A Hidden Army of Women: Fibromyalgia & Living with Chronic Pain
When applying for Social Security benefits such as Employment and Support Allowance (ESA) and Personal Independence Payment (PIP), people with fibromyalgia and chronic pain join the “hidden army” of those whose health conditions are consistently misunderstood and easily overlooked by the Department for Work & Pensions (DWP) and its private health-care assessors.
12 May 2021
Kayla Trigiani, Caseworker
Fibromyalgia is a long-term disorder characterized by chronic pain and fatigue all over the body. It is predominant amongst women, although men can get it too. Chronic pain has also been coined ‘the hidden disability’ for similar reasons. Those living with these conditions consistently struggle to prove and validate the disabling impacts of chronic pain on their lives. And they often struggle to get the benefits they are entitled to.
Those who suffer from chronic pain know what they are feeling in their bodies, but it is difficult to explain as the condition follows no set pattern or triggers, and many assessors fail to understand this. In the absence of a long-term cure for chronic pain sufferers, individuals and their insight into their own illness should be taken seriously and assessors should start listening and believing individuals when they say they are in pain. Many assessors seem to be too quick to downplay the experience of these individuals as exaggerating or faking their pain, which denies the disability because it is invisible to the naked eye, much like we have seen with mental health diagnoses.
Deceivingly, fibromyalgia is unique. Although it is grouped with other rheumatic diseases such as arthritis, lupus and chronic fatigue syndrome, it doesn’t fit within the tight confines of a joint or muscle disorder. It also doesn’t fit the grouping of inflammation or an autoimmune disorder. It has been misdiagnosed and misunderstood for centuries, and gendered biases have played a major role in this. Female hormones are believed to play a role in the higher incidence and severity of the disorder in comparison to males. During my time at Z2K, I have represented many women who suffer with fibromyalgia.
Sofia was a fitness instructor for 26 years. When her health began to rapidly deteriorate and her trusted doctor passed away, she decided to take charge of her condition and began researching her mystery symptoms, which ticked all the boxes of fibromyalgia: widespread chronic pain, fatigue, poor sleep, headaches and cognitive problems (‘fibro-fog’), dizziness, vertigo, tinnitus, digestive issues, clumsiness, increased sensitivity to pain, anxiety and depression. When applying for PIP, Sofia struggled to complete the relevant forms. Some days she was completely bed-bound, but on the other days her ability to function was so dependent on her wide-array of fibromyalgia symptoms, which all had a spiralling effect on each other. For example, her chronic pain would keep her awake at night, affecting her ability to sleep, which would then cause her terrible headaches and vertigo the next day, leading to an increase in her Fibro-fog: difficulty concentrating, forgetting new information and even difficulty holding a conversation. How could she explain all this by just ticking a box?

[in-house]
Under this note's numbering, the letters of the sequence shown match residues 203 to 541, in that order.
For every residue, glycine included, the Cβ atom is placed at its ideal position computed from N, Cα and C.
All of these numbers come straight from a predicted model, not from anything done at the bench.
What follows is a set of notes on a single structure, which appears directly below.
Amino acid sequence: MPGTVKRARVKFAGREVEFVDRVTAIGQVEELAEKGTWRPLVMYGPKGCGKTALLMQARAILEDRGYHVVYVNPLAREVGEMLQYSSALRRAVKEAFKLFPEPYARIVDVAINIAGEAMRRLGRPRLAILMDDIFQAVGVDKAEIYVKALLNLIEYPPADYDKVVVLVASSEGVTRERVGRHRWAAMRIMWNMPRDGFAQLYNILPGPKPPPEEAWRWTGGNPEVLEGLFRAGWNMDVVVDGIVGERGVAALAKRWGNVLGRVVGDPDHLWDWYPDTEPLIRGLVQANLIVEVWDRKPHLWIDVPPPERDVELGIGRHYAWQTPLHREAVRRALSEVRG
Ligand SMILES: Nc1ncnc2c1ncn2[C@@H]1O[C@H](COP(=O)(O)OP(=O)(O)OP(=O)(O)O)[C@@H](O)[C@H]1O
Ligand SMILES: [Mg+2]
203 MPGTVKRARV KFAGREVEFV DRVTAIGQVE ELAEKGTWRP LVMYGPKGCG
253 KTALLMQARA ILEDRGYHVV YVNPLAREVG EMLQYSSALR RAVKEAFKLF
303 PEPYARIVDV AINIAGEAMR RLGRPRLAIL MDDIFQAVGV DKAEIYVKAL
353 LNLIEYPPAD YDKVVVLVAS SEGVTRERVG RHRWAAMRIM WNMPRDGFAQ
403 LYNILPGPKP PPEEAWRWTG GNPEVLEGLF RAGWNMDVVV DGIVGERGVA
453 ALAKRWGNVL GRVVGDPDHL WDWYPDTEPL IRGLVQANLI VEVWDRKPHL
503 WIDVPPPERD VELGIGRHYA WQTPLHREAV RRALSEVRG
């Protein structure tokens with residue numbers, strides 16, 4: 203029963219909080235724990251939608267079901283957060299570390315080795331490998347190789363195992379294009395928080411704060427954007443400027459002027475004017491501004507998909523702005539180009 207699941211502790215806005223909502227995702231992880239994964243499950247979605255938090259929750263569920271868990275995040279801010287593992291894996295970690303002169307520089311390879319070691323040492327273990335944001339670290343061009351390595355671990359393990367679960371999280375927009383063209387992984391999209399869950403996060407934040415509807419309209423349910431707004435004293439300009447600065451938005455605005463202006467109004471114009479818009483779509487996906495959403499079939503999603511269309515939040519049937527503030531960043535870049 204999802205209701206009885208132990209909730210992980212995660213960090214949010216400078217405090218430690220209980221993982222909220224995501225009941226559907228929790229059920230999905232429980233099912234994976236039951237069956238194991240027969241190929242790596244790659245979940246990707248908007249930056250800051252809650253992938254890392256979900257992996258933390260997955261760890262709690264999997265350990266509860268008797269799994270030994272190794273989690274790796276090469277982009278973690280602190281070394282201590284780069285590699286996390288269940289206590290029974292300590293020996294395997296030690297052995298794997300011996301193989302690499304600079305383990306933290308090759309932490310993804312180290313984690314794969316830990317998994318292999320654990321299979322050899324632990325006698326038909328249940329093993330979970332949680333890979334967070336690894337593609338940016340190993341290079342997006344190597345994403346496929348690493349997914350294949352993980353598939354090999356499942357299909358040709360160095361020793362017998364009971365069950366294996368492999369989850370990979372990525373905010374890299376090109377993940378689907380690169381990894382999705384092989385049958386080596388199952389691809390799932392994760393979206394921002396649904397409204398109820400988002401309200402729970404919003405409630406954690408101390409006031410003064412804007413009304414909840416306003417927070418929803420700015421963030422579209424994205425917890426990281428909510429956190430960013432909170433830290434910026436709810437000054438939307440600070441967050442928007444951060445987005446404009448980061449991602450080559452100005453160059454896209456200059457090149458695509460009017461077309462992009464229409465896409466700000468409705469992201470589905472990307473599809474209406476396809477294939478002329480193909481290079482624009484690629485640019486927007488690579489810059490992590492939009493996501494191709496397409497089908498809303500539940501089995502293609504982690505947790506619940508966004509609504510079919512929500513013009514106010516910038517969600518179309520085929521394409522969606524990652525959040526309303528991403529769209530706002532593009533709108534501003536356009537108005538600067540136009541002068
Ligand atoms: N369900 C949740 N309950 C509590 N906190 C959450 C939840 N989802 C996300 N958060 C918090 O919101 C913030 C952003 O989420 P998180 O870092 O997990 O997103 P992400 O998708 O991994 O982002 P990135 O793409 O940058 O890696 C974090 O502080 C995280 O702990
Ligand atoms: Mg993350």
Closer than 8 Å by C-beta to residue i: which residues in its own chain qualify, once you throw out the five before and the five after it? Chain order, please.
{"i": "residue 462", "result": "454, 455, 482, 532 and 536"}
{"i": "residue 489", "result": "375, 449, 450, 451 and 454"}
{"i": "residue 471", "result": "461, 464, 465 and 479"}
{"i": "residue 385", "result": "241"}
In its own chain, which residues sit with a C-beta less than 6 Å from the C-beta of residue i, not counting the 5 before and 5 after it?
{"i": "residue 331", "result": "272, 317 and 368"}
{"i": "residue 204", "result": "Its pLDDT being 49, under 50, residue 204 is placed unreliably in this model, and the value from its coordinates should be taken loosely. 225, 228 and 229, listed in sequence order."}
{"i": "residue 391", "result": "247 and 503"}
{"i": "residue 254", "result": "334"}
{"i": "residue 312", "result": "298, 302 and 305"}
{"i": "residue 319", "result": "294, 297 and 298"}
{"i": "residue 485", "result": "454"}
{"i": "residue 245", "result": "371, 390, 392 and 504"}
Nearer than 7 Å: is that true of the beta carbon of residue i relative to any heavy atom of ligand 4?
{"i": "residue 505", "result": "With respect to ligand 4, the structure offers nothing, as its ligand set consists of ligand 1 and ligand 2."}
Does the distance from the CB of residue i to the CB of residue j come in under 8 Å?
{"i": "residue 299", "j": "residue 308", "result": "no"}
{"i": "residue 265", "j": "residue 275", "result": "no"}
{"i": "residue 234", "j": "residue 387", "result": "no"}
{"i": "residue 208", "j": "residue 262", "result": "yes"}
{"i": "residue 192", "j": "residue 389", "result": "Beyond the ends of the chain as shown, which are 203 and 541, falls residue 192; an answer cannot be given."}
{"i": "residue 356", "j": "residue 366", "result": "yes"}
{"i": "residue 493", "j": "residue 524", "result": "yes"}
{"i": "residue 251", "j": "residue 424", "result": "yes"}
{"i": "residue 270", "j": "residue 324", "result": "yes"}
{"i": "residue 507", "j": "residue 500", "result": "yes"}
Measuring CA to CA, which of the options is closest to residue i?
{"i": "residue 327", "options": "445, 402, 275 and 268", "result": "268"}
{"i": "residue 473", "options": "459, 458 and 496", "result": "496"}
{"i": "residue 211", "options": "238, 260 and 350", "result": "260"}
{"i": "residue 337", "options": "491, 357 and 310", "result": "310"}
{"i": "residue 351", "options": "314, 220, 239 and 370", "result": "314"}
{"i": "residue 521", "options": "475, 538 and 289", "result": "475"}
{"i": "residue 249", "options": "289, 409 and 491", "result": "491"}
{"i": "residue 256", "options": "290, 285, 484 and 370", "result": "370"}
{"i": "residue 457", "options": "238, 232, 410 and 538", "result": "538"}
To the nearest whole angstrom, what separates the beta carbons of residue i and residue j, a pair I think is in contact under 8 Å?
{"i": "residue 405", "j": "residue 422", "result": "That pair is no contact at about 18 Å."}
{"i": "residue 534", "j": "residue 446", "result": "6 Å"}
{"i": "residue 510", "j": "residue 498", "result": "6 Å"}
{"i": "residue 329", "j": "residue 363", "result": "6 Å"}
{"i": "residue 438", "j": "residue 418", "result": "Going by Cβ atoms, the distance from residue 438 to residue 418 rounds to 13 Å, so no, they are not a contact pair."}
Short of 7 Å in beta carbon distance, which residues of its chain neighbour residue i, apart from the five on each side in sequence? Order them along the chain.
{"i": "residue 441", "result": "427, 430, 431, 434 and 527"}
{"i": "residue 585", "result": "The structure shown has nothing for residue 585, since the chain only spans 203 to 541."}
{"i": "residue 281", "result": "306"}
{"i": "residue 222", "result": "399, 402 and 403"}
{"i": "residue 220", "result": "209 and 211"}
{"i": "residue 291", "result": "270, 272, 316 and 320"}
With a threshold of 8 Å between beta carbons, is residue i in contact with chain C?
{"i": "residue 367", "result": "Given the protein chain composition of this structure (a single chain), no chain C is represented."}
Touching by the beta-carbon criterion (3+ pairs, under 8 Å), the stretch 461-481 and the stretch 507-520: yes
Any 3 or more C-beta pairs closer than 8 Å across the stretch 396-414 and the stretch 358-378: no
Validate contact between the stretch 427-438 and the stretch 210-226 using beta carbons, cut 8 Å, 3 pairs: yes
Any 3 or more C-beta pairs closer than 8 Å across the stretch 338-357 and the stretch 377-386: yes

Sofia was awarded 0 points and the Health Care Professional (HCP) chalked up her symptoms to simply suffering a bereavement, although her symptoms went far beyond merely ‘feeling tired or exhausted.’ When people with chronic illnesses are denied benefits on the basis of not ‘ticking the boxes’ of a traditional impairment, this completely insults their integrity, their bodies and their honesty. After we appealed to the First-Tier Tribunal, Sofia was awarded “double enhanced” PIP: daily living and mobility for at least six-years. Sophia was relieved that someone had finally believed her. She had believed her body for years, listening to its relentless and debilitating aches and pains, but this was a sense of validation for her condition that she had never once received before.
The DWP reflects an old, outdated theory in its decision making: its assessors and decision-makers fail to listen to and understand what the individual is suffering with, so it’s the individual’s body that is faulty, but not faulty enough to secure the benefit. This is such a problematic concept, because it adds blame on the individual for not ‘being disabled enough’. In reality, fibromyalgia is an officially-recognised disability. Chronic pain is becoming increasingly understood and studied, but the impact on those suffering it is not accurately reflected during DWP’s flawed assessment processes. For Sofia and for me too, the system is set up so individuals are knocked down, and they are kept down by the lack of care and understanding about these chronic illnesses.
As part of the upcoming Health & Disability Green Paper consultation, it is vital that Government acts to ensure peoples’ own testimonies of their conditions are taken seriously, as opposed to undermined or misunderstood by the assessor – in turn preventing people like Sofia from having to go through the incredibly stressful, time-consuming and demeaning Mandatory Reconsideration and Appeals process.